What exactly does it mean to be human? Are we made, as the Psalmist claims, little less than angels and crowned ... with glory and honor? Or are we really just animated carbon with an attitude? And if we're the latter, then what can expressions like "human dignity," "human nature," and the "sanctity of life" possibly mean?
Each of us is more than just an intellect and a will trapped inside a disposable meat wrapping. We're not just a happy accident of biology. We're created as an organic unity of mind, body, and spirit. The body matters. It's essential to who we are, how we create, and how we love. It has an eternal destiny. Which is why "the resurrection of the body" is a vital element of the Apostles' Creed that so many Christians routinely pray.
We need a renewal of our faith, but how do we get it? A few years ago, I asked a friend, Rabbi Mark Gottlieb, how Jews had managed to survive so much persecution over the centuries. He answered me with one word: zakhor. That's the Hebrew word for "remember." Jewish memory is, and always has been, the guardian of Jewish identity, renewal, and community.
And of course that makes perfect sense: A man with amnesia is a man without a memory. And a man without a memory is a man without identity, a man doomed to be defined and dominated by others. So it is for the individual human being; so it is for peoples, nations, and communities; and so it is for the Christian Church.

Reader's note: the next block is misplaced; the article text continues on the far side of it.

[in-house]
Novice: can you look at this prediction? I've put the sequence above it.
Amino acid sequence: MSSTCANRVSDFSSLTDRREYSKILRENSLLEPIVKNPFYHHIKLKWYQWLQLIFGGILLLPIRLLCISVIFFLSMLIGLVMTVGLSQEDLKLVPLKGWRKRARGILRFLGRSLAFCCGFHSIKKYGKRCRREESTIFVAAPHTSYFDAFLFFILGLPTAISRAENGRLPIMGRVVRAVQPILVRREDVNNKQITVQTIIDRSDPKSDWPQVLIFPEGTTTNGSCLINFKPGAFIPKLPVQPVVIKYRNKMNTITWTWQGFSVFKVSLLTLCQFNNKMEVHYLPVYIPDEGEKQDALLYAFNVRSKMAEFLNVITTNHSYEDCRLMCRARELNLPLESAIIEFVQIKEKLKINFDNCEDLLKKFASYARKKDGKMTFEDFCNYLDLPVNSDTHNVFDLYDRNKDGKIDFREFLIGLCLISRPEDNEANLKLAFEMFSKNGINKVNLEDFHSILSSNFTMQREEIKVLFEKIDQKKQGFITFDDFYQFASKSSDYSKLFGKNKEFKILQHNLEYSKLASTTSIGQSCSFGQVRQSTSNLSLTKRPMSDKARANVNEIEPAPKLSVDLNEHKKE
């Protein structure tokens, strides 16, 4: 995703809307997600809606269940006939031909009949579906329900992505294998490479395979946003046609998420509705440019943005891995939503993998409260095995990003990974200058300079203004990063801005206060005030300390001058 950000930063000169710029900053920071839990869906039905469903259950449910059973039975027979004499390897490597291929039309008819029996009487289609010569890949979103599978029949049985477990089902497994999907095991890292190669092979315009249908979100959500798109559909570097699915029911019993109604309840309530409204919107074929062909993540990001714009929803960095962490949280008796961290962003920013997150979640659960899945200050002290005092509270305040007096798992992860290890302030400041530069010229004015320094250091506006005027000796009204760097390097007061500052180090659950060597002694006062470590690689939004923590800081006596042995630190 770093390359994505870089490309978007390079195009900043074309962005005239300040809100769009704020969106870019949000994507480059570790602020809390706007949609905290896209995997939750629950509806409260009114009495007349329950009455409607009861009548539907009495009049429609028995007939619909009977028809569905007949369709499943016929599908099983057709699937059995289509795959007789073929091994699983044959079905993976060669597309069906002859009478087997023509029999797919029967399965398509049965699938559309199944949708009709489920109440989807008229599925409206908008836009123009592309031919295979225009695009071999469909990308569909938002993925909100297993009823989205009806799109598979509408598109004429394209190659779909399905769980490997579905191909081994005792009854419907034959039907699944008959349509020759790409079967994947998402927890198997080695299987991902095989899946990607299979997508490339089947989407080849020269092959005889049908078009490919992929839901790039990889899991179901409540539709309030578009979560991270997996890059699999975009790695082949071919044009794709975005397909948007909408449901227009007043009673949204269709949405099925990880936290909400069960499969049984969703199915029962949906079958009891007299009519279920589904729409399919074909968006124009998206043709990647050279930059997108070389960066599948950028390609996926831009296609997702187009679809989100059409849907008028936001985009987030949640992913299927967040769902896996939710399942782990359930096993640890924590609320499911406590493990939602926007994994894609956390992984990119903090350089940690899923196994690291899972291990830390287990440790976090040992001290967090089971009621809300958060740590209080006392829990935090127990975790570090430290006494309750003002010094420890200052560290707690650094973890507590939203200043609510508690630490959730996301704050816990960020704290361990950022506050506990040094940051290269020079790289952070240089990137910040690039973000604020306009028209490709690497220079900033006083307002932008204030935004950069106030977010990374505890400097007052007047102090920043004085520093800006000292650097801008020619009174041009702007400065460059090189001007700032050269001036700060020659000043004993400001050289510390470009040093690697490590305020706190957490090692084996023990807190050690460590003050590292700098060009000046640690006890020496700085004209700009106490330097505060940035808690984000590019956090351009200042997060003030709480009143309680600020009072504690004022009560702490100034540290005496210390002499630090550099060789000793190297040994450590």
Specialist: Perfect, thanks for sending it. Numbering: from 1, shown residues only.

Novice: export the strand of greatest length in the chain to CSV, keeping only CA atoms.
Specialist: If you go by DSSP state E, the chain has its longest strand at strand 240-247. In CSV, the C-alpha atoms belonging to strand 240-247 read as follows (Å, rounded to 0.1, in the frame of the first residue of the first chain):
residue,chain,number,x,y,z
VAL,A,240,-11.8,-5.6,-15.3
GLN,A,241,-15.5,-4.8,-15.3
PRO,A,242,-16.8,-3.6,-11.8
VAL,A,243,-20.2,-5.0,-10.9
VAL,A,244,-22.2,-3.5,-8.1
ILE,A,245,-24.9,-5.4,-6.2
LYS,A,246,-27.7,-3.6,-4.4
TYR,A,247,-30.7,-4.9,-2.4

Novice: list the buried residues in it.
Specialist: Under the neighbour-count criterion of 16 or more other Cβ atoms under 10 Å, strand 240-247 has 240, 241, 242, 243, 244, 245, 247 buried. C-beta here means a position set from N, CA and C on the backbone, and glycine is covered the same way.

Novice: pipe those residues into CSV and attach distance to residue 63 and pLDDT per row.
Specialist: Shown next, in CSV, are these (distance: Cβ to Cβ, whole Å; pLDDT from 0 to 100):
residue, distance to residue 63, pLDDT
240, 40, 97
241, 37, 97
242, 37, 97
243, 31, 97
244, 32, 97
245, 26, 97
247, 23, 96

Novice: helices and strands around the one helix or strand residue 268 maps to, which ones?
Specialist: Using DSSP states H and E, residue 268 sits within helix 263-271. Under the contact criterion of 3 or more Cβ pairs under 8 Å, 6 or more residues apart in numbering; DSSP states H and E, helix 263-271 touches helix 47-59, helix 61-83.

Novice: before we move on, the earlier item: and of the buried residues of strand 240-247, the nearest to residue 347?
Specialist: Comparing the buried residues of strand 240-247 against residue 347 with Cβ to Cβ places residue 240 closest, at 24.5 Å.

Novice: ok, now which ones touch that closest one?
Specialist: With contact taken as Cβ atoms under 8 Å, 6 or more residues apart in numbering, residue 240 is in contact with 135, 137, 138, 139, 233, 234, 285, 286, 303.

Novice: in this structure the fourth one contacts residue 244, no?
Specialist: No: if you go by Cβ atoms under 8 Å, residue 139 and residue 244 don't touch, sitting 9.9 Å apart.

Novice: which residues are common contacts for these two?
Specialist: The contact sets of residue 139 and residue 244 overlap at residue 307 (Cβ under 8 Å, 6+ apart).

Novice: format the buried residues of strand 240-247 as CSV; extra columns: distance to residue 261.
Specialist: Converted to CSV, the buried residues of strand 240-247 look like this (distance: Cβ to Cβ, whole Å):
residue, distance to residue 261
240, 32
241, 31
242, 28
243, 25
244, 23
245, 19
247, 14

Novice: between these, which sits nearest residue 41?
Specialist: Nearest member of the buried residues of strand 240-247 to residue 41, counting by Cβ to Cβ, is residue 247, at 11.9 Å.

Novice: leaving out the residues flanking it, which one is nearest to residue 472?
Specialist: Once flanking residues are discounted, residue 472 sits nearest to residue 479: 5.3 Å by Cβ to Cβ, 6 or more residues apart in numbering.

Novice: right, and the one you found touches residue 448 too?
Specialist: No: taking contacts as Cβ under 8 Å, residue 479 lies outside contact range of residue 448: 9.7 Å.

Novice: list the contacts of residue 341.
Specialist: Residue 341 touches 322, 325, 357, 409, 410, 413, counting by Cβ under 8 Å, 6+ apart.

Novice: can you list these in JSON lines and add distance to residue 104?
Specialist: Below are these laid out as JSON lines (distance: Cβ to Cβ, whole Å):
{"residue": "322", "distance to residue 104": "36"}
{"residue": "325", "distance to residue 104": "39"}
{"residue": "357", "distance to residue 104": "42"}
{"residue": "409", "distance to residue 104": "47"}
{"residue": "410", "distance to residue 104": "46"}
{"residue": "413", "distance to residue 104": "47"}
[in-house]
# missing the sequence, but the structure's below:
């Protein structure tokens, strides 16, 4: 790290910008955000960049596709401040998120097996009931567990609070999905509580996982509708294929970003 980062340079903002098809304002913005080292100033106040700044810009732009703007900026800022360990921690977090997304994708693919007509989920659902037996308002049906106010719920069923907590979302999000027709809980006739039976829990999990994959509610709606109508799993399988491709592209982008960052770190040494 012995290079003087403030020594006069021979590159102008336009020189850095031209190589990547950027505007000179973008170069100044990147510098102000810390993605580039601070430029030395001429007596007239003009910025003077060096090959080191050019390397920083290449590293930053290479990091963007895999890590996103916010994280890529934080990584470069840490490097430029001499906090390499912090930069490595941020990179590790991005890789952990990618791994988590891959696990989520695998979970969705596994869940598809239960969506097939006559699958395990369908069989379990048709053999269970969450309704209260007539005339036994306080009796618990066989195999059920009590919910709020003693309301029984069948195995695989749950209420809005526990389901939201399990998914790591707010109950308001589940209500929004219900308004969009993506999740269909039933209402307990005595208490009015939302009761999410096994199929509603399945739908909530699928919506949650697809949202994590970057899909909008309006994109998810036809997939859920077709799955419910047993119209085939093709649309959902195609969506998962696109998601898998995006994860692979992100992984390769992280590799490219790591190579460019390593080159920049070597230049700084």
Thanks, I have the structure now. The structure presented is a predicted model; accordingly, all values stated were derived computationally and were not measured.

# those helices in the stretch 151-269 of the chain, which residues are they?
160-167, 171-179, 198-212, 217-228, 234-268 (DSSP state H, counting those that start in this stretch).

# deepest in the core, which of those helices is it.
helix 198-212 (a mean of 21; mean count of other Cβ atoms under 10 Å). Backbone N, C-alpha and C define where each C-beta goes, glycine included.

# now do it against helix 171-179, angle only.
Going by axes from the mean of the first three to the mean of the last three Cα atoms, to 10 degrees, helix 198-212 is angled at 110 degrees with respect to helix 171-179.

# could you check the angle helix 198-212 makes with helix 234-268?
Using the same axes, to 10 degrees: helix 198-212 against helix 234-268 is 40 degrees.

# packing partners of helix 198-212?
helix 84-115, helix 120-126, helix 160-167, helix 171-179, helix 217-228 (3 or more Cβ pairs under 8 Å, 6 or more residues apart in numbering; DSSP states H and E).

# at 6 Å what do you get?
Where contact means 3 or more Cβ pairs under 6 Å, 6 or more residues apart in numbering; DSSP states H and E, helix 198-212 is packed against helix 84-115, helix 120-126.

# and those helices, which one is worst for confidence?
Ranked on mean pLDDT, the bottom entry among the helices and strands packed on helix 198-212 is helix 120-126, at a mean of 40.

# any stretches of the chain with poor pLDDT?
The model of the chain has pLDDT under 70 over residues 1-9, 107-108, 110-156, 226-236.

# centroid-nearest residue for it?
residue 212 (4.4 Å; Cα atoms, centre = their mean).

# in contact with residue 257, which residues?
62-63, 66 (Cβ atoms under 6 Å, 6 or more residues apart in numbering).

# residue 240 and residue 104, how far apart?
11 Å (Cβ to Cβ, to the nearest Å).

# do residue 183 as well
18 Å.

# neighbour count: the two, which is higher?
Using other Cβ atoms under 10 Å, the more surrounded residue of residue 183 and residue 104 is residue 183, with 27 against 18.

We live in a time that encourages us to forget the past; to live only for ourselves; to swim in a permanent, present tense of distractions and appetites. But we're not powerless. We're never powerless, as Scripture teaches us again and again.
So if we want to turn the world right side up; if we want a more humane and godly future, we need to start by recovering who we are and why we're here. That requires the work of remembering; going back to the Word of God and the arduously learned wisdom of our Catholic teachings and tradition. It requires living like we really mean what we claim to believe. Not just at home, not just in our hearts, but in our public words and actions.
As for marriage, that cornerstone of any sane society: God made us male and female for a reason; different from each other, dependent on each other, and faithful to each other for the sake of each other's salvation. And he gave us the privilege of co-creating a new and better world through the gift of children.
So maybe we should stick to the plan.
Francis X. Maier. "The Work of Remembering." The Catholic Thing (October 11, 2023).
Reprinted with permission from The Catholic Thing.
Francis X. Maier is a senior fellow in Catholic studies at the Ethics and Public Policy Center, and the 2020-22 senior research associate at Notre Dame's Center for Citizenship and Constitutional Government.Copyright © 2023 The Catholic Thing